mongrel

English as we know it today was shaped principally by three periods of settlement and invasion […] In the fifth and sixth centuries […] the Angles, the Saxons and the Jutes […] sailed over from the north-western coastline of continental Europe […] pushed most of the Celtic-speaking Britains north and west […] and their Germanic language developed into what we now call Old English […] A few centuries later […] the vikings were on the move […] their language was also a Germanic variety, Old Norse, and it had a deep influence on Old English…

Then it was the turn of the Normans. This was the invasion which triggered enormous changes in English, as it developed into what’s called Middle English […] English vocabulary increase[d] hugely with the influx of French borrowings.

There was a third language too, though: Latin. Ever since Augustine and his monks came to Britain in the sixth century, Latin (and Greek) words have been influencing English. During this trilingual period in the later medieval period, words stepped over from one language to another and left their footprints. Hugh numbers of French and Latin words entered English, and English was happy to accommodate them. The habit of borrowing and assimilating became second nature.

I’ve sort of perhaps, in a way, kind of knew this, and it could be you maybe did to, but it was nice to be reminded, while reading Planet Word by J.P. Davidson, that the English language is essentially, at its core, a hybrid language with, to quote Davidson again, “the vigour and subtlety of a mongrel creation”.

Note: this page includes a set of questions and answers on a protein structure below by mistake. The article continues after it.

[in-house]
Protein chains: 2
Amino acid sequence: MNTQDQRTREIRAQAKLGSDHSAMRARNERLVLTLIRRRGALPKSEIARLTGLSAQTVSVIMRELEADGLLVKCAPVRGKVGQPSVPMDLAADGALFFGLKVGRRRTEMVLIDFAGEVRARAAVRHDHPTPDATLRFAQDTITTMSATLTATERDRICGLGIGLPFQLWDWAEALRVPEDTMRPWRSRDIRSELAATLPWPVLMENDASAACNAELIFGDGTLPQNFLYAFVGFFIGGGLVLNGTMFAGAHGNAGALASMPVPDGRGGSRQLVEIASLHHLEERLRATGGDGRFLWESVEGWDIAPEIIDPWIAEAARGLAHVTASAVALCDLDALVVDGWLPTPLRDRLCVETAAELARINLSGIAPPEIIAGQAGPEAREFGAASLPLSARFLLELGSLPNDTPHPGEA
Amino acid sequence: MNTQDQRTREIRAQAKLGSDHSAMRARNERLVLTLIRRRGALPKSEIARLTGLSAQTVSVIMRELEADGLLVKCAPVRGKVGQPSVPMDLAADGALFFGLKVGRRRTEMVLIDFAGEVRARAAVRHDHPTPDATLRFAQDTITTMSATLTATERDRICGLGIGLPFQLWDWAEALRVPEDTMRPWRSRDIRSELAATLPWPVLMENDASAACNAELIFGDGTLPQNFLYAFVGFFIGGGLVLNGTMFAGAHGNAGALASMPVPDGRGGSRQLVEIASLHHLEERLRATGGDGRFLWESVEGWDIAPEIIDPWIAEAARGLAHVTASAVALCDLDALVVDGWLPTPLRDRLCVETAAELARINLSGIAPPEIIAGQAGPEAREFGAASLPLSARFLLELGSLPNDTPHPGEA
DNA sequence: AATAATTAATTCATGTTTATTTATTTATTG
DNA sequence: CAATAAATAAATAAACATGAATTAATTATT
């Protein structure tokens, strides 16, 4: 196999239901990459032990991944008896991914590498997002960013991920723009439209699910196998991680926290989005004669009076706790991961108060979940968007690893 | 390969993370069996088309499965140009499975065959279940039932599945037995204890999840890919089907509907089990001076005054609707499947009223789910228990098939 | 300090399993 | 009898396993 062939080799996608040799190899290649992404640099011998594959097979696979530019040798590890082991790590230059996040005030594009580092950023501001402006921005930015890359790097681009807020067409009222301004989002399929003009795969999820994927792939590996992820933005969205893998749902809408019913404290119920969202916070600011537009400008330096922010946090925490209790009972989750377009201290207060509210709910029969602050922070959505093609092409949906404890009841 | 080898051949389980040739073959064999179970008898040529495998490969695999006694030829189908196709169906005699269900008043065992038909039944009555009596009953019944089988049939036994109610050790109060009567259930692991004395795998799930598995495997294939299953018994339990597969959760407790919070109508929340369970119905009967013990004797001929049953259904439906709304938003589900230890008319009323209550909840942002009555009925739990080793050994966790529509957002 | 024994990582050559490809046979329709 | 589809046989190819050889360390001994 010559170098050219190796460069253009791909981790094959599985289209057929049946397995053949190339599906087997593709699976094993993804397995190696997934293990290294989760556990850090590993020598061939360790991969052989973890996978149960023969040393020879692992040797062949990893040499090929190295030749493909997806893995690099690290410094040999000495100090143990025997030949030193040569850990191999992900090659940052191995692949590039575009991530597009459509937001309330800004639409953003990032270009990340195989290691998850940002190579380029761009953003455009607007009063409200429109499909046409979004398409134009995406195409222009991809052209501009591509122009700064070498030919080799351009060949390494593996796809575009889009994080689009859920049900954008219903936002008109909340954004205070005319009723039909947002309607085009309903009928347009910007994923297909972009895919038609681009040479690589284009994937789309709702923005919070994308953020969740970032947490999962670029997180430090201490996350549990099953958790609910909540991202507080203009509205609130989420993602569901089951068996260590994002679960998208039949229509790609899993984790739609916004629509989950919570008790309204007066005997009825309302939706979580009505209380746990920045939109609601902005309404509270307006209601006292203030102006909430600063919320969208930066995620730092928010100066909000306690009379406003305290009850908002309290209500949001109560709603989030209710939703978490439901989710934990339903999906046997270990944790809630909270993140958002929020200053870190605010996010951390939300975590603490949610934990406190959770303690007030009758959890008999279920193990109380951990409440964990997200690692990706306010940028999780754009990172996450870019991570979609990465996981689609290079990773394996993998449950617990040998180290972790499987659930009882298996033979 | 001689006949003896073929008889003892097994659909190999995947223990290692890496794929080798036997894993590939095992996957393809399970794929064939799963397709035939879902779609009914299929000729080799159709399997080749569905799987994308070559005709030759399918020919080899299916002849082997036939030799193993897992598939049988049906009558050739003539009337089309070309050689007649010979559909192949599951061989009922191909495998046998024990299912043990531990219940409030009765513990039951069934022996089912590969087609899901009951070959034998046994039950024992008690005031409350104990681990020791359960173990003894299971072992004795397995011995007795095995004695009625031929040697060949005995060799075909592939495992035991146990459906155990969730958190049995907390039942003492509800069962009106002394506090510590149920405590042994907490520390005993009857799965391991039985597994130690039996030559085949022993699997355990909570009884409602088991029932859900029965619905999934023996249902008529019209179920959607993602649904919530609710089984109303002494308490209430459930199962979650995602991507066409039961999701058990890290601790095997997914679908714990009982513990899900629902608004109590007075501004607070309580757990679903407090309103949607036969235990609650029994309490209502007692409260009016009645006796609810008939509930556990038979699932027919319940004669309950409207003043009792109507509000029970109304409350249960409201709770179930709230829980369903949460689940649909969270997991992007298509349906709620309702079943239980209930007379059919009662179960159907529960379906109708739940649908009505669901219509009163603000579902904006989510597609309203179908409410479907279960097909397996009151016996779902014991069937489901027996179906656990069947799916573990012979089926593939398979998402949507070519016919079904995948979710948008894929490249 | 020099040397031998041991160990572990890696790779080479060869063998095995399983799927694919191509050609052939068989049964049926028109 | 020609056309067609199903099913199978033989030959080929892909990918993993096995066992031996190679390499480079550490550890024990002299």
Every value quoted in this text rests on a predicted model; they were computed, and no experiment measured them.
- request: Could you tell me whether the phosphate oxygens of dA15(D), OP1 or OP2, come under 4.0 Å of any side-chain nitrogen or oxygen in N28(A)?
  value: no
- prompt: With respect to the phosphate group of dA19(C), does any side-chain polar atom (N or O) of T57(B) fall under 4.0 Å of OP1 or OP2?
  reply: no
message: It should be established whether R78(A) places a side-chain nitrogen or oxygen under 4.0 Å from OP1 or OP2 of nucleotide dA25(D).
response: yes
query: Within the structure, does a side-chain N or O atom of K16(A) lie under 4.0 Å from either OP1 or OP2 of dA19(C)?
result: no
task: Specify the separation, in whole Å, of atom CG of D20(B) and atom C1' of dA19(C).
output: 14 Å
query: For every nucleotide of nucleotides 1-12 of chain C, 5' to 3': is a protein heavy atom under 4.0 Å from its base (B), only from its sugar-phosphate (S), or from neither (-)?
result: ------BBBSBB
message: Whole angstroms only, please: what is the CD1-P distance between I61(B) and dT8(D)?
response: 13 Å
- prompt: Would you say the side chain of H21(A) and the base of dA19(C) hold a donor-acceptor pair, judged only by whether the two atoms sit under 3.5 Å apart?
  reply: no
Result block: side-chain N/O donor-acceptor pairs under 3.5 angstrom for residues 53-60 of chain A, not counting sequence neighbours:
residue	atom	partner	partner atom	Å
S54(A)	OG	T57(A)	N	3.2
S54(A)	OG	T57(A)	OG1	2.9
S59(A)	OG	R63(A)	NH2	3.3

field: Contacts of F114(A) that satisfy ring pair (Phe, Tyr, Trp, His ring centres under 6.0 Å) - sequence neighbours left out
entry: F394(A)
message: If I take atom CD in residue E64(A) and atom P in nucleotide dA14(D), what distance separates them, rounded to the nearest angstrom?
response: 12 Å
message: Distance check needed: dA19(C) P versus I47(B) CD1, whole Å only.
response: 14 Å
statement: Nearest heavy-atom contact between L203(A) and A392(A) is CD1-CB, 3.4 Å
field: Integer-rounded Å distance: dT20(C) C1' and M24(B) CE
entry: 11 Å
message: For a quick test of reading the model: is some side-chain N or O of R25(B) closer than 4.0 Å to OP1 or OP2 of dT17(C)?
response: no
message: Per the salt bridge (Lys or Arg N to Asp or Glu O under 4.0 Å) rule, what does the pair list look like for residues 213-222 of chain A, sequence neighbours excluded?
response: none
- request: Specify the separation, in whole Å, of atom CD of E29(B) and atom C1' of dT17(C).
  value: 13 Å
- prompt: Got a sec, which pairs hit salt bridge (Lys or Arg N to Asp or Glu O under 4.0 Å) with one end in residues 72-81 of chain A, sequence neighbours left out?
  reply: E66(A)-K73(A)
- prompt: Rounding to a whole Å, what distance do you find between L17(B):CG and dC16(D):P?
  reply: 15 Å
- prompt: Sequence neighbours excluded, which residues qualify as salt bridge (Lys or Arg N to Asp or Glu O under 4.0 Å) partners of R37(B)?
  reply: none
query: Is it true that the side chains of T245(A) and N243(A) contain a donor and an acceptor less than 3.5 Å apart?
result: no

Shellac of North America Tonight

I’m off to see Shellac of North America tonight at the Electric Ballroom in Camden. I saw them ages ago at an All Tomorrow’s Parties festival in a year I can’t at the moment quite recall. I can’t quite recall the gig either so I’m looking forward to this one. That I’m going also gives me the excuse to draw your attention to Douglas Cowie’s summation of Shellac’s greatness that has stayed with me since I read it a few years ago because it is, I feel, spot on.

Going For A Song: ‘I Need You’

Nick Cave & The Bad Seed – ‘I Need You’

After reading a review this week about the Nick Cave & The Bad Seeds gig at the O2 Arena in London I was reminded I hadn’t chosen, on its release last year, a song off Skeleton Tree for Going For A Song, though I had meant to at the time.

The song ‘I Need You’ might serve as a good indicator of Skeleton Tree as an album: lyrics are uncluttered, direct (evidenced by ‘I Need You’ as a title), sung by Cave in a voice that for the first time admits age and fragility into its timbre. Sounds of synths and parred back instrumentation – a tender wash of sound – are put in motion by Thomas Wydler’s drums; the Bad Seeds’ vocals provide additional support, together holding up and urging the song and singer forward to the main admission.

A year on from when I first heard them song and album have lost none of their emotional force. They are quite an achievement.